Domestic extremists currently pose the “most lethal threat” to America, the country's counter-terrorism chief said on Tuesday.
National Counter-terrorism Centre Director Christine Abizaid told the US Senate that domestic violent extremists - or DVEs - have become more dangerous than any other group and will remain a top threat for years to come.
“DVEs pose the most lethal terrorist threat to the homeland,” Ms Abizaid said.
Domestic extremism has been on the rise since 2015 and crossed a new threshold in January when hundreds of supporters of Donald Trump stormed the US Capitol in a deadly rampage and attempted to overturn President Joe Biden's election win.
Ms Abizaid said that many of the factors underpinning the motivation of domestic extremists are likely to endure.
“Social polarisation, negative perceptions about immigrants, conspiracy theories promoting violence, distrust of government institutions and biases against minority groups will likely drive some DVEs to conduct attacks this year,” Ms Abizaid said.
She added that “racially or ethnically motivated extremists” pose a particular source of concern from a counter-terror perspective.
Shortly after taking office in January, Mr Biden gave National Intelligence Director Avril Haines the task of conducting a review of domestic violent extremism.
The Office of the Director of National Intelligence released a report in May indicating that US political and social unrest “will almost certainly continue to drive” radicalisation”, motivating extremists to carry out attacks.
A man espousing anti-government views issued a bomb threat from a truck outside Capitol Hill last month, eventually surrendering after an hours-long stand-off with police.
FBI Director Christopher Wray has characterised the January 6 attack on the Capitol Hill as “domestic terrorism.”
Ms Abizaid’s use of the term “domestic violent extremists” contrasts with the “home-grown violent extremists” categorisation that she said was “largely inspired by Al Qaeda or ISIS".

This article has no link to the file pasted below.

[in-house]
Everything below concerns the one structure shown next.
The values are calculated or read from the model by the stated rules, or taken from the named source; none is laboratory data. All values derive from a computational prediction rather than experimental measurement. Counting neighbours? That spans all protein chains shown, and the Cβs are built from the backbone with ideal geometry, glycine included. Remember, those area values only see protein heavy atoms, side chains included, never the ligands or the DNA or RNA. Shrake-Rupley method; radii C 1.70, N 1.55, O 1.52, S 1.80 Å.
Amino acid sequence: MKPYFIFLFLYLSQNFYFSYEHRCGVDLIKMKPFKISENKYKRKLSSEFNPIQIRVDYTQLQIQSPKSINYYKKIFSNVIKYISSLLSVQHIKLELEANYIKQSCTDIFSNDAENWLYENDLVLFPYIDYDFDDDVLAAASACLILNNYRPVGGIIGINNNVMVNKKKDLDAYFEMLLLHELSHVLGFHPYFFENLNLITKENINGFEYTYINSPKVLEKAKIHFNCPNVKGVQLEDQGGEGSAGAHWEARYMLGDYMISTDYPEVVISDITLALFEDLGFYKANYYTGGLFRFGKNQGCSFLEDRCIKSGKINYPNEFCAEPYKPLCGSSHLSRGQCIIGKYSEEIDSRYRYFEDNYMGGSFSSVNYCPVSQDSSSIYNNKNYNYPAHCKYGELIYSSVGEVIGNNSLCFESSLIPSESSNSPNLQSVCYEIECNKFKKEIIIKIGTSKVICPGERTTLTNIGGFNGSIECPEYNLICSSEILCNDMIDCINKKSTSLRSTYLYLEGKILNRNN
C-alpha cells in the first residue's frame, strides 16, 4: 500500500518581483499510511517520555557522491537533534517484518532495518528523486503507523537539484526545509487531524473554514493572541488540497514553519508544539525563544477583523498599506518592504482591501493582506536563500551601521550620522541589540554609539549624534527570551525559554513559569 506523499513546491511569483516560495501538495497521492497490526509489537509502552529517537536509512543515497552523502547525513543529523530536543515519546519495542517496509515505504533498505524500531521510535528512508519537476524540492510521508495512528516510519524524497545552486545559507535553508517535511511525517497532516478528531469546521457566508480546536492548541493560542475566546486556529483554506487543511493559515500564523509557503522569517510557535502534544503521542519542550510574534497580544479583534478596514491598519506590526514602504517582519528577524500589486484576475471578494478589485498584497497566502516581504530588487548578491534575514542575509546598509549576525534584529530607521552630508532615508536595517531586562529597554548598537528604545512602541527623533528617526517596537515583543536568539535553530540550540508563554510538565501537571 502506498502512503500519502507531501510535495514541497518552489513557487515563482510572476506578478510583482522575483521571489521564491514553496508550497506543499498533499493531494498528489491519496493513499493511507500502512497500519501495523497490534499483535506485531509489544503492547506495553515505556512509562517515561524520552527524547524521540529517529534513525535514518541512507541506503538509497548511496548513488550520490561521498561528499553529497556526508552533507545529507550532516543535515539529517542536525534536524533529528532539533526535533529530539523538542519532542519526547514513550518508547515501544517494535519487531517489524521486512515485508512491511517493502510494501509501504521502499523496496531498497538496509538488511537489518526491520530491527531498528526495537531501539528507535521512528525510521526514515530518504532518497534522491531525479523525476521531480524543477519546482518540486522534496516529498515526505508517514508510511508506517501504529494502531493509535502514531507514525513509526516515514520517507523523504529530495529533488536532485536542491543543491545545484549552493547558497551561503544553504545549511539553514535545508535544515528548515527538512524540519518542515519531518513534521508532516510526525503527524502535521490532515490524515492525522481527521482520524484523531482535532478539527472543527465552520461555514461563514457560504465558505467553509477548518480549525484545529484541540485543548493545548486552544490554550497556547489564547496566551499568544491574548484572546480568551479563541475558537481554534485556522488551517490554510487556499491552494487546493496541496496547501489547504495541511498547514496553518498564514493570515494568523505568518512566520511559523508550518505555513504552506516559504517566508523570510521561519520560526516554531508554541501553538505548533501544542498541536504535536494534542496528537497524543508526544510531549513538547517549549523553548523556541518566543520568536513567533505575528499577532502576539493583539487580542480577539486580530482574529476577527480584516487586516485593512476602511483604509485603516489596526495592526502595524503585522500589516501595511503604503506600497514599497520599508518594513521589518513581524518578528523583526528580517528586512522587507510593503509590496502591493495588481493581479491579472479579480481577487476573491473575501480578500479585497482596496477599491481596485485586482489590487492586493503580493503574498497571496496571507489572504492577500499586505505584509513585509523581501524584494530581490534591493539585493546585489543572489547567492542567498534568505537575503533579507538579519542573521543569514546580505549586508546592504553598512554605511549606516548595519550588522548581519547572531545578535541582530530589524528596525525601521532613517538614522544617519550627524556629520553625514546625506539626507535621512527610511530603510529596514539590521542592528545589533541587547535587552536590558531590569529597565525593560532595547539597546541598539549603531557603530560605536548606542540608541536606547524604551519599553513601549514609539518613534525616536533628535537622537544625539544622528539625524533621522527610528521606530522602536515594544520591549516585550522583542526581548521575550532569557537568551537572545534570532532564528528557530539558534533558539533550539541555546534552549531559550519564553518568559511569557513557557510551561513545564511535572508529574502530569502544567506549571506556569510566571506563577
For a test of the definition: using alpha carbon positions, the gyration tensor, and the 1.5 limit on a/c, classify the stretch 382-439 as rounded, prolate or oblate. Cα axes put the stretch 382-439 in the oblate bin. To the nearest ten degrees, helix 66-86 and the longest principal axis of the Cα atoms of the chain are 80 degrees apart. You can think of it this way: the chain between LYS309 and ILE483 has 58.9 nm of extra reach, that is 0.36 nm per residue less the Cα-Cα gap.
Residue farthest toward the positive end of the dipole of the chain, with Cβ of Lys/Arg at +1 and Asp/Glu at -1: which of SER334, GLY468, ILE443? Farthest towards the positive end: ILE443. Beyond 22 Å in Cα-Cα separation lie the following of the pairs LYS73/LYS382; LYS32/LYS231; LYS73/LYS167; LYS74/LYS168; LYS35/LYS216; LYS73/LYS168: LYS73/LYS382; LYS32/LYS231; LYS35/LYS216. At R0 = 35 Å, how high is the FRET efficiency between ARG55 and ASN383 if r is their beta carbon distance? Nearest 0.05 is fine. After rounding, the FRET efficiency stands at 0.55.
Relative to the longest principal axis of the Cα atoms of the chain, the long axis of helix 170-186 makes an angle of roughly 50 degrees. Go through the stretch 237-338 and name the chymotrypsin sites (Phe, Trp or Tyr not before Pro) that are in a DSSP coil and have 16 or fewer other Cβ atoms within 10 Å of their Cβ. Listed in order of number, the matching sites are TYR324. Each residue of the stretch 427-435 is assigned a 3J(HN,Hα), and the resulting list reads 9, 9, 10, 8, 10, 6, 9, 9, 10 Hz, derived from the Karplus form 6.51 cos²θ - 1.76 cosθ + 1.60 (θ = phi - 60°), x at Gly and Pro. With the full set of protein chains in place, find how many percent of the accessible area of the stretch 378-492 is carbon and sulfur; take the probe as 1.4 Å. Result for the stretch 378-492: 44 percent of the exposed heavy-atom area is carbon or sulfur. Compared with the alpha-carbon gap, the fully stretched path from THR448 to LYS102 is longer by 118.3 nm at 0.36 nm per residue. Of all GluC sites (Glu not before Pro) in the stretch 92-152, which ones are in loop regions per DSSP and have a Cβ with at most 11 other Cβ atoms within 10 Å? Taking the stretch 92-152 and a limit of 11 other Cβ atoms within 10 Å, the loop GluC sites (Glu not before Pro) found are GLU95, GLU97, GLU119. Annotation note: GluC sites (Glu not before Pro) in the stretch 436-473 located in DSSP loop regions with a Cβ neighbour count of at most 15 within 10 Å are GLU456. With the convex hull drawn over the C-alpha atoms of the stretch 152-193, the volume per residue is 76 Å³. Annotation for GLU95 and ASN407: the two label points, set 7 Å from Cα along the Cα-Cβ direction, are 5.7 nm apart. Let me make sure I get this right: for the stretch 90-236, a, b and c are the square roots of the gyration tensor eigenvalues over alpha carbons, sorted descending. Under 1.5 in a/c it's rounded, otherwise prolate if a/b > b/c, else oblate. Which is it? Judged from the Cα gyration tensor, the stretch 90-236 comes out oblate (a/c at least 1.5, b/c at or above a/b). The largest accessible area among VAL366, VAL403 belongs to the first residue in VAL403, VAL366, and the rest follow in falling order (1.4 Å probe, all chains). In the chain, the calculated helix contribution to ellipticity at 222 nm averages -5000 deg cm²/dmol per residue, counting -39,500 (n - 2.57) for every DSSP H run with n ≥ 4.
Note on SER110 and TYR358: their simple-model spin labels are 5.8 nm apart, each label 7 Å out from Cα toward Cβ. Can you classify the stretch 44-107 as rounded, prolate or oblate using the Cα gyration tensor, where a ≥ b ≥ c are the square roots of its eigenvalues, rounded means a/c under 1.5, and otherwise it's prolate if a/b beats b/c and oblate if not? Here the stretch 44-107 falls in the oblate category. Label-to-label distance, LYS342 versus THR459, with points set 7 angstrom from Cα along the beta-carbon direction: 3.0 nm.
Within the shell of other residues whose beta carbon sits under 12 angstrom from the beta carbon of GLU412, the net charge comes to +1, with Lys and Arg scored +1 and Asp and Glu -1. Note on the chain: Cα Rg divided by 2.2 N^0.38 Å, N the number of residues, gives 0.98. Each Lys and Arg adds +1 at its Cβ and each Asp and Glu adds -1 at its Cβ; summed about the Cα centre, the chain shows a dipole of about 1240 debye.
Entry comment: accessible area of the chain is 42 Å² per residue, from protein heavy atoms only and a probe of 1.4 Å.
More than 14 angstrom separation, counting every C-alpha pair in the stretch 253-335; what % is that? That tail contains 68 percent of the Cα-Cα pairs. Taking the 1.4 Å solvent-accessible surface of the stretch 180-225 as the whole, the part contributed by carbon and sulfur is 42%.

After the September 11, 2001 attacks, US counter-terrorism and intelligence officials focused on Islamist-inspired extremist groups.
While the rise of racially motivated domestic extremists in the US has eclipsed that threat in recent years, Ms Abizaid said that foreign terrorist groups still pose a risk.
“While years of [counter-terrorism] pressure has degraded the Al Qaeda network, the group and its affiliates remain intent on using individuals with access to the United States to conduct attacks,” she said.
“This was most recently demonstrated by Al Qaeda in the Arabian Peninsula in their probable approval of a 2019 attack in Pensacola, Florida, where a Saudi US Air Force officer killed three and wounded eight US servicemembers.”
She also singled out Al Qaeda and ISIS-Khorasan as the biggest terrorist threats emanating from Afghanistan.
“In the wake of our withdrawal, the question is at what point does that regional threat build to a capability and intent that is focused externally and particularly focused on the homeland,” Ms Abizaid said.
She also warned of the potential for Iran-backed attacks in the US.
“We also remain vigilant against Iran and its agents and proxies, principally Lebanese Hezbollah, and their intent of retaliating in the United States for the January 2020 killing of former IRGC Quds Force commander Qassem Suleimani,” she said.